A new Quinnipiac poll found Americans support the use of ground troops against ISIS by a 2-1 margin, with 62% support sending ground troops against ISIS versus only 30% who oppose.
Democrats support ground troops 53-40, while independents support the possibility by 60-35. Even younguns, aged 18-34, overwhelmingly support the measure. (Quinnipiac should have polled the possibility of reinstituting the draft.) Meanwhile 39% worry that military efforts will go too far, while 53% worry it will not go far enough.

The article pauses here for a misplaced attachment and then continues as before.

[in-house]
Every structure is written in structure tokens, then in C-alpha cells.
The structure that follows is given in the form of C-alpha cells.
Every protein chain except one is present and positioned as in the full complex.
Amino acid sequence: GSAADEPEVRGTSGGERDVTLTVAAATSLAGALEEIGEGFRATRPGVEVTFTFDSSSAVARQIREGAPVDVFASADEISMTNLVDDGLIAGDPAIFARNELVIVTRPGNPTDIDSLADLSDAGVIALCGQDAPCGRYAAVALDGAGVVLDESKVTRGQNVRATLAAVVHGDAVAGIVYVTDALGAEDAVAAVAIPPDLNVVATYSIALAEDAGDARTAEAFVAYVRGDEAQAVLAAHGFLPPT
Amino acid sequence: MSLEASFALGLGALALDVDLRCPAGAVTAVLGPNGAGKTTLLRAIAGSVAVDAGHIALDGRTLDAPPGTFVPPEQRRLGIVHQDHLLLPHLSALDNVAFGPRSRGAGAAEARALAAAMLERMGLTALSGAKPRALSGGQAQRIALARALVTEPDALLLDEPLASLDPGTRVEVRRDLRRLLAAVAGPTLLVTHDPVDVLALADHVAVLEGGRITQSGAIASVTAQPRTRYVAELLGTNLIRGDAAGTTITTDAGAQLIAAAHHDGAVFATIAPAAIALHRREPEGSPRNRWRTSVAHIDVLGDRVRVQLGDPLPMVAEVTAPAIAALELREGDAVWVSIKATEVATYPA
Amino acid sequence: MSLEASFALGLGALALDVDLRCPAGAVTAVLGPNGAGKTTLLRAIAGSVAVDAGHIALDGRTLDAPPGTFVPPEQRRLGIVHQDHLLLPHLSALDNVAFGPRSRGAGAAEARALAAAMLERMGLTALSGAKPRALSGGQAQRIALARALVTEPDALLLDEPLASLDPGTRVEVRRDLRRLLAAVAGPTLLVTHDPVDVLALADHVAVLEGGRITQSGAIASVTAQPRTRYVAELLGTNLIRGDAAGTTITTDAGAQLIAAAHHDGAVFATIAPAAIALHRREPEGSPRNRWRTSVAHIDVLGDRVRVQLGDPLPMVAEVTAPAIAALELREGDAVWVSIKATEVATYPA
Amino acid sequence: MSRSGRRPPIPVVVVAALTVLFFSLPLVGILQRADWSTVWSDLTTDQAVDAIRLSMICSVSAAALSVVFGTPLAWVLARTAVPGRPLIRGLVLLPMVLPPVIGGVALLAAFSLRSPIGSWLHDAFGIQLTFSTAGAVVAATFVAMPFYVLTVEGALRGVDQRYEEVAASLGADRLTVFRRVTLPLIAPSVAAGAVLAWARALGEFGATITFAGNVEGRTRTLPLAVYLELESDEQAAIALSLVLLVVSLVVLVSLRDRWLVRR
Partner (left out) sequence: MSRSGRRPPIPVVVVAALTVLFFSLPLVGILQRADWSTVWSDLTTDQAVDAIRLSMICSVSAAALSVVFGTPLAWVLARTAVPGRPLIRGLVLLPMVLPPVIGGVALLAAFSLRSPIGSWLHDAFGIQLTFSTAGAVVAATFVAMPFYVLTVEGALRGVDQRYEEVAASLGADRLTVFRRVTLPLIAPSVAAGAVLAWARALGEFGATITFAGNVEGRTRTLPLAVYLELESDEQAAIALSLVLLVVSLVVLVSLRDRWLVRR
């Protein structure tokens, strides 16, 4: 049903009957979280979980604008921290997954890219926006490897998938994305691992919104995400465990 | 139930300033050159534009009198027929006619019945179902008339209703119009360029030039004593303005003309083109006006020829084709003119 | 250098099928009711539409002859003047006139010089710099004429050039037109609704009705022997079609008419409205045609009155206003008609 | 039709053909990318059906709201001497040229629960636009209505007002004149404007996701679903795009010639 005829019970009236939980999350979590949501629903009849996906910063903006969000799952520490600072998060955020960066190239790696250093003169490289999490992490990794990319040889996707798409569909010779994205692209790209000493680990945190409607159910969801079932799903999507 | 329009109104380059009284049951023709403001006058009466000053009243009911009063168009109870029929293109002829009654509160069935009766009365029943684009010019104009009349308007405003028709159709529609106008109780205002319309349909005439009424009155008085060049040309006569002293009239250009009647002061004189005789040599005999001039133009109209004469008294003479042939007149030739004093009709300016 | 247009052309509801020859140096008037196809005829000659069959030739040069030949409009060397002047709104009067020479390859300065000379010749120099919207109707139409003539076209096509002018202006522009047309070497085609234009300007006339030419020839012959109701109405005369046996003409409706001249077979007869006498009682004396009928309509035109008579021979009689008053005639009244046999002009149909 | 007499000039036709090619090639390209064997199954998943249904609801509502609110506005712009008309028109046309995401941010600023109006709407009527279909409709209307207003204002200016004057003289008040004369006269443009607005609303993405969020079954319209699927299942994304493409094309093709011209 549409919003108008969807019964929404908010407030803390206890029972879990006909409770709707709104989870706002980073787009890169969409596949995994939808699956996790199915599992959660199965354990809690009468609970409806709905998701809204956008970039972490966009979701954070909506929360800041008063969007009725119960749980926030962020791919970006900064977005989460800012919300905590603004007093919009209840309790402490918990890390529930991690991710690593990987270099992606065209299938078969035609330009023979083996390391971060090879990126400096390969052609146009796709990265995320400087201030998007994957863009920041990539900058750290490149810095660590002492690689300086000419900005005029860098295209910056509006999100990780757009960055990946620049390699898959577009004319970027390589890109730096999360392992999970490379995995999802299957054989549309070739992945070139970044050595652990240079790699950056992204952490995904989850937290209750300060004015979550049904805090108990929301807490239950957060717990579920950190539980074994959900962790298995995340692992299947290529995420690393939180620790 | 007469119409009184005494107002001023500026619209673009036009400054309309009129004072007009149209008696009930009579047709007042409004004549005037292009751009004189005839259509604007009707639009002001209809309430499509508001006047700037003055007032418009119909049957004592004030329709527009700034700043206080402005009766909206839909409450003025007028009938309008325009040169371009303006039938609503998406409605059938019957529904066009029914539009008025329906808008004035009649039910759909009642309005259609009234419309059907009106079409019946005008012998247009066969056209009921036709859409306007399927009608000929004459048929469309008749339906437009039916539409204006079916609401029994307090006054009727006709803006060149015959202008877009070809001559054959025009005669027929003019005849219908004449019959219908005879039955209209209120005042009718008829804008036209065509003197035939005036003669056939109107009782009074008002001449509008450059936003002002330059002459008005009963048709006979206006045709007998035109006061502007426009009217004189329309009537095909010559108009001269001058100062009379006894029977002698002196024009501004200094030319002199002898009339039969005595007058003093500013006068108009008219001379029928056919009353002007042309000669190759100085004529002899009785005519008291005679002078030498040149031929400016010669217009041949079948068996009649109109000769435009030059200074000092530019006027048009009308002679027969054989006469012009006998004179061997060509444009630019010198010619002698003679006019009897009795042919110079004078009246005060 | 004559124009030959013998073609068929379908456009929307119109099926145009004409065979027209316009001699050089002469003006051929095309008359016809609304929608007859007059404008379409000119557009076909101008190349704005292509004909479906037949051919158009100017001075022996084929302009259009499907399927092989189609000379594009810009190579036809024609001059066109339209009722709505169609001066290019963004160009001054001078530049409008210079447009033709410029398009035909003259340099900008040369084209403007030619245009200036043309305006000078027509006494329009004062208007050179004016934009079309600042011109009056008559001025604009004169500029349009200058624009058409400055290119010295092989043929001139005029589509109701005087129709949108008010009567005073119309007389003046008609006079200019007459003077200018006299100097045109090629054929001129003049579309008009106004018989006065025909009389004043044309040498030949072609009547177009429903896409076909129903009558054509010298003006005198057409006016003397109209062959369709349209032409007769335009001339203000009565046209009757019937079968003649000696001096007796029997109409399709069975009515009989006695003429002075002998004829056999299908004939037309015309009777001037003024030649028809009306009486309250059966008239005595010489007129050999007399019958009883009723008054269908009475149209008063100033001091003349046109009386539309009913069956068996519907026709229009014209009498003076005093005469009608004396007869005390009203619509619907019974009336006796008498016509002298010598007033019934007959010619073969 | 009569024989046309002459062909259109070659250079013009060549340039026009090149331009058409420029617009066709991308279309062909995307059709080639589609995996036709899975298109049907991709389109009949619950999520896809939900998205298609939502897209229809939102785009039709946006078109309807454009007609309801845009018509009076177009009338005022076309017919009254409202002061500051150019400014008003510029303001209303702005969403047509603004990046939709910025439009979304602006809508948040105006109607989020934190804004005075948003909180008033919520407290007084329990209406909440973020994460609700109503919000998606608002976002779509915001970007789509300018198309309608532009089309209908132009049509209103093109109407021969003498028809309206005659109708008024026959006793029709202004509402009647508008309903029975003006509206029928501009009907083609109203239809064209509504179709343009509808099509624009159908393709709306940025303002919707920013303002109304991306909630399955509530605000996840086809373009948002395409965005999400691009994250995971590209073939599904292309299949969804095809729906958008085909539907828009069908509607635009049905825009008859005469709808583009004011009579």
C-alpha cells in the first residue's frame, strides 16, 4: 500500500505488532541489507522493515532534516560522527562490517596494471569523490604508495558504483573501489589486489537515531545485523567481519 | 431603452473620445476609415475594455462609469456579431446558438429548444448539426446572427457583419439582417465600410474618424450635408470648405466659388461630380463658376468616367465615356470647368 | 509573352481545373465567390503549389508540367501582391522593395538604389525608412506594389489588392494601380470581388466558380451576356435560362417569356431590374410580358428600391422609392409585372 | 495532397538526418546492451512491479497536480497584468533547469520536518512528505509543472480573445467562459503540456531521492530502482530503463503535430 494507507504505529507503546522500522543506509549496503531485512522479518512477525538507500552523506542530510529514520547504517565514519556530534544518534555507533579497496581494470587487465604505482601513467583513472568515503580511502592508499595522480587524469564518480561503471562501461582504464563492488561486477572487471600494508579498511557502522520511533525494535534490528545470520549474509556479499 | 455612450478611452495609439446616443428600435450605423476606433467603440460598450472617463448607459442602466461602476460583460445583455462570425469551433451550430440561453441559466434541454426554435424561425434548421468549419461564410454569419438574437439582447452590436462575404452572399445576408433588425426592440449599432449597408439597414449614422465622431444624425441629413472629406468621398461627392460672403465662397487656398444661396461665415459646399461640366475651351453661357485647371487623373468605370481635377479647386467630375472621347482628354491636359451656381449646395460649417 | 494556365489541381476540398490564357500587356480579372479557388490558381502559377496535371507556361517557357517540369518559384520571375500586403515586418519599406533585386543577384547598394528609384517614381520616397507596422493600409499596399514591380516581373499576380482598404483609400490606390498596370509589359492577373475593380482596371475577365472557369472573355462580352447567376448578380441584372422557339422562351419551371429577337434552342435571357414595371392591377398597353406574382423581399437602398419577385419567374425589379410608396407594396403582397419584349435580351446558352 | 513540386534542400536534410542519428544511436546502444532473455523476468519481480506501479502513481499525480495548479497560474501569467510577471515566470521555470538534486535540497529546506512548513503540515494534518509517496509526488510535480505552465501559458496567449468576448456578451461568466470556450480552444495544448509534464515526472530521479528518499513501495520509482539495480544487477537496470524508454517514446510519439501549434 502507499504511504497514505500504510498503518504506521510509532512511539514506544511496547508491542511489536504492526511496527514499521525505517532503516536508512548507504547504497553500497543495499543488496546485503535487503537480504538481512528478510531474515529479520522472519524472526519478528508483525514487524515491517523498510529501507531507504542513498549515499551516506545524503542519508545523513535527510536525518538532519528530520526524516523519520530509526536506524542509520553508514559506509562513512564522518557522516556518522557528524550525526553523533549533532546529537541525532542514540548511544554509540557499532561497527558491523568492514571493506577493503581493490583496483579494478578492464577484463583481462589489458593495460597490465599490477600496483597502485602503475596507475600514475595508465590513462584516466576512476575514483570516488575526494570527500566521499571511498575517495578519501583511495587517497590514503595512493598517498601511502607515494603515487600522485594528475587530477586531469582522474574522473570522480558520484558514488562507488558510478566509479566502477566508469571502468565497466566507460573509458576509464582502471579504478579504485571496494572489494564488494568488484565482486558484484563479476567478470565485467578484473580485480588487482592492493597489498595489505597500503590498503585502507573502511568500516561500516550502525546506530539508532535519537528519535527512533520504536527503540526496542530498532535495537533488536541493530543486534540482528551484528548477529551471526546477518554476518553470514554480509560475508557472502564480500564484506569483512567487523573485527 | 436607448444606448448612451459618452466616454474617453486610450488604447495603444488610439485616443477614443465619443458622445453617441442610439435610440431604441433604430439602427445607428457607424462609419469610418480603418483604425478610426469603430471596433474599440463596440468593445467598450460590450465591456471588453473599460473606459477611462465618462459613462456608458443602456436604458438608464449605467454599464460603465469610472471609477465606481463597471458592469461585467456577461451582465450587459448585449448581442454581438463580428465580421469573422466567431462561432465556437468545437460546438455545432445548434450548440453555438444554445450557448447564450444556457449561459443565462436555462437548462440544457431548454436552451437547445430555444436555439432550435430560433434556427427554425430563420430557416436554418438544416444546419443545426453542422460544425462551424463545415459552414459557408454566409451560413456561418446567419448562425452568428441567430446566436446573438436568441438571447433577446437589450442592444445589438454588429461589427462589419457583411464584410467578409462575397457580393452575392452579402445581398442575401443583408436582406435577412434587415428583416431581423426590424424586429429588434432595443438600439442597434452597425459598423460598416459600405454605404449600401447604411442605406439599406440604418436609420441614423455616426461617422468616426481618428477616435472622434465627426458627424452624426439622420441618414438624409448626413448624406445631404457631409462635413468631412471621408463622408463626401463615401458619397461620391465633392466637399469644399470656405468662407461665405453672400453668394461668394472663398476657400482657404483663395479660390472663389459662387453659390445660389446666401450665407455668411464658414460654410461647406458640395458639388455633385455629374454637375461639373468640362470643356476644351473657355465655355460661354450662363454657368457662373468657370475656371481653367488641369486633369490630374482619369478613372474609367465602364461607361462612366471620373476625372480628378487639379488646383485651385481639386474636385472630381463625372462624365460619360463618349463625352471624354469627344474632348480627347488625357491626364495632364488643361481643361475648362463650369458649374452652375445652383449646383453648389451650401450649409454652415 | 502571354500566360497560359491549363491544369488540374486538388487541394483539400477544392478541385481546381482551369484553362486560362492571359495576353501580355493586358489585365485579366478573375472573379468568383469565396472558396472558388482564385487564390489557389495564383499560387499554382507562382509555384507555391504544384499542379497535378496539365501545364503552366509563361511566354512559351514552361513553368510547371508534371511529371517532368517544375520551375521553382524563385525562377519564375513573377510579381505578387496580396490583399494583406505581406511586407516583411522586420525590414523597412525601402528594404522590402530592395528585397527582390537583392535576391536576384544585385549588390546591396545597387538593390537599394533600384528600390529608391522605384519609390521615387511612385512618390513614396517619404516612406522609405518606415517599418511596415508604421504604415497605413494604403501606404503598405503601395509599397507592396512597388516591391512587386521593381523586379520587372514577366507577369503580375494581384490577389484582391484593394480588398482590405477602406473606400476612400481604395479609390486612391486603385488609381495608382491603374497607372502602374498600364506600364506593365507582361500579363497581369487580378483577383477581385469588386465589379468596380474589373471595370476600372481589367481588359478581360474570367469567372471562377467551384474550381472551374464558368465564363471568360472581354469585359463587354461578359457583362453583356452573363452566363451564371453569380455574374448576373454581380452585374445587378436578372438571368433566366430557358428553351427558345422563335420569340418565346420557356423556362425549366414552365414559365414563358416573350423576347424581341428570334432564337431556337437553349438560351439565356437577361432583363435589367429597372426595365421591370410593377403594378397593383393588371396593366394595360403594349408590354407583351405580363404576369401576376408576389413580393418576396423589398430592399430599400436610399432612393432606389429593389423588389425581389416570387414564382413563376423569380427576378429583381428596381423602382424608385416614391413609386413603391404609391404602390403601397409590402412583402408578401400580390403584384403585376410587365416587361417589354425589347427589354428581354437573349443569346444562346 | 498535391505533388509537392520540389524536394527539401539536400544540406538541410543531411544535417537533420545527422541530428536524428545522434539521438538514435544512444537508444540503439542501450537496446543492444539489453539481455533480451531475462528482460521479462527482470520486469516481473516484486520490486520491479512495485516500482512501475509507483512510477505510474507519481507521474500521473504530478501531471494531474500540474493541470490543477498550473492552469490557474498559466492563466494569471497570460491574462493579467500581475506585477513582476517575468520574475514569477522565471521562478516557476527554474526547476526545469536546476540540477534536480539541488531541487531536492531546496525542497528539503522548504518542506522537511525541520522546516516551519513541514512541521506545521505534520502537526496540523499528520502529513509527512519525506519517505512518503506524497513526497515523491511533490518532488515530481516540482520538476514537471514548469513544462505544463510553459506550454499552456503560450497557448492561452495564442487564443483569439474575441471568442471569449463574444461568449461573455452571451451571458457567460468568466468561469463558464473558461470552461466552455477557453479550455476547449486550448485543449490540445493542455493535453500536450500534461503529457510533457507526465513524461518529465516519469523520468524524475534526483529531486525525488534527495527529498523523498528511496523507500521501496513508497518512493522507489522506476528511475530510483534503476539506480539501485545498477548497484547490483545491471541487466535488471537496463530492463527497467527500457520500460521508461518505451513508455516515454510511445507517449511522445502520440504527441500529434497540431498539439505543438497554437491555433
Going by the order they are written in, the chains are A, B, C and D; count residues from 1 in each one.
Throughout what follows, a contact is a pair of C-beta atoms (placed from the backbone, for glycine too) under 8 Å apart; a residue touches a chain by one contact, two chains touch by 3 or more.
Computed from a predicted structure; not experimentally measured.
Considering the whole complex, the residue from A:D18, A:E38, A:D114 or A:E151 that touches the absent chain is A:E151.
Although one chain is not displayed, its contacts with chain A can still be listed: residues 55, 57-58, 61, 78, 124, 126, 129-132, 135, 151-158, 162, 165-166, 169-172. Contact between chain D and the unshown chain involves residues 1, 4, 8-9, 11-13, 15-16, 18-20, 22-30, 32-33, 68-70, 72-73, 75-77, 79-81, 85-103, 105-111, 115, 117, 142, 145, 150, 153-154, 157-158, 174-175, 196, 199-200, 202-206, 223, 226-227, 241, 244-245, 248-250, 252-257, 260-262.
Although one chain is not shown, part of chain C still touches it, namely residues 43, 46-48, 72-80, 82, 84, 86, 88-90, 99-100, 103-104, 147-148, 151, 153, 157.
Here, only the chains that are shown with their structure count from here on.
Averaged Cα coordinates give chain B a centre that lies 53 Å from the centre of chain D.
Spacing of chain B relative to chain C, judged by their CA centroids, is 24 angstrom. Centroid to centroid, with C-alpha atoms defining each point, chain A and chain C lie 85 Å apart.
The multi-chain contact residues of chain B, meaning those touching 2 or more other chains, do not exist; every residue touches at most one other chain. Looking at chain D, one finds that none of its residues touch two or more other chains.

These numbers are a culmination of a sea change that started last summer, when ISIS’ beheading videos and a steady stream of hawks on the Sunday shows combined to increase public support of grounds troops. Previously a war-weary American public had disdained of yet another Middle East troop deployment, with only 37% supporting ground troops.
Quinnipiac did not explicitly distinguish between the limited use of ground forces and a heavier deployment. An NBC News/Marist poll last month found a plurality (40%) supported “limited” troop deployment, with an even split between those favoring heavier deployment and no troops at all.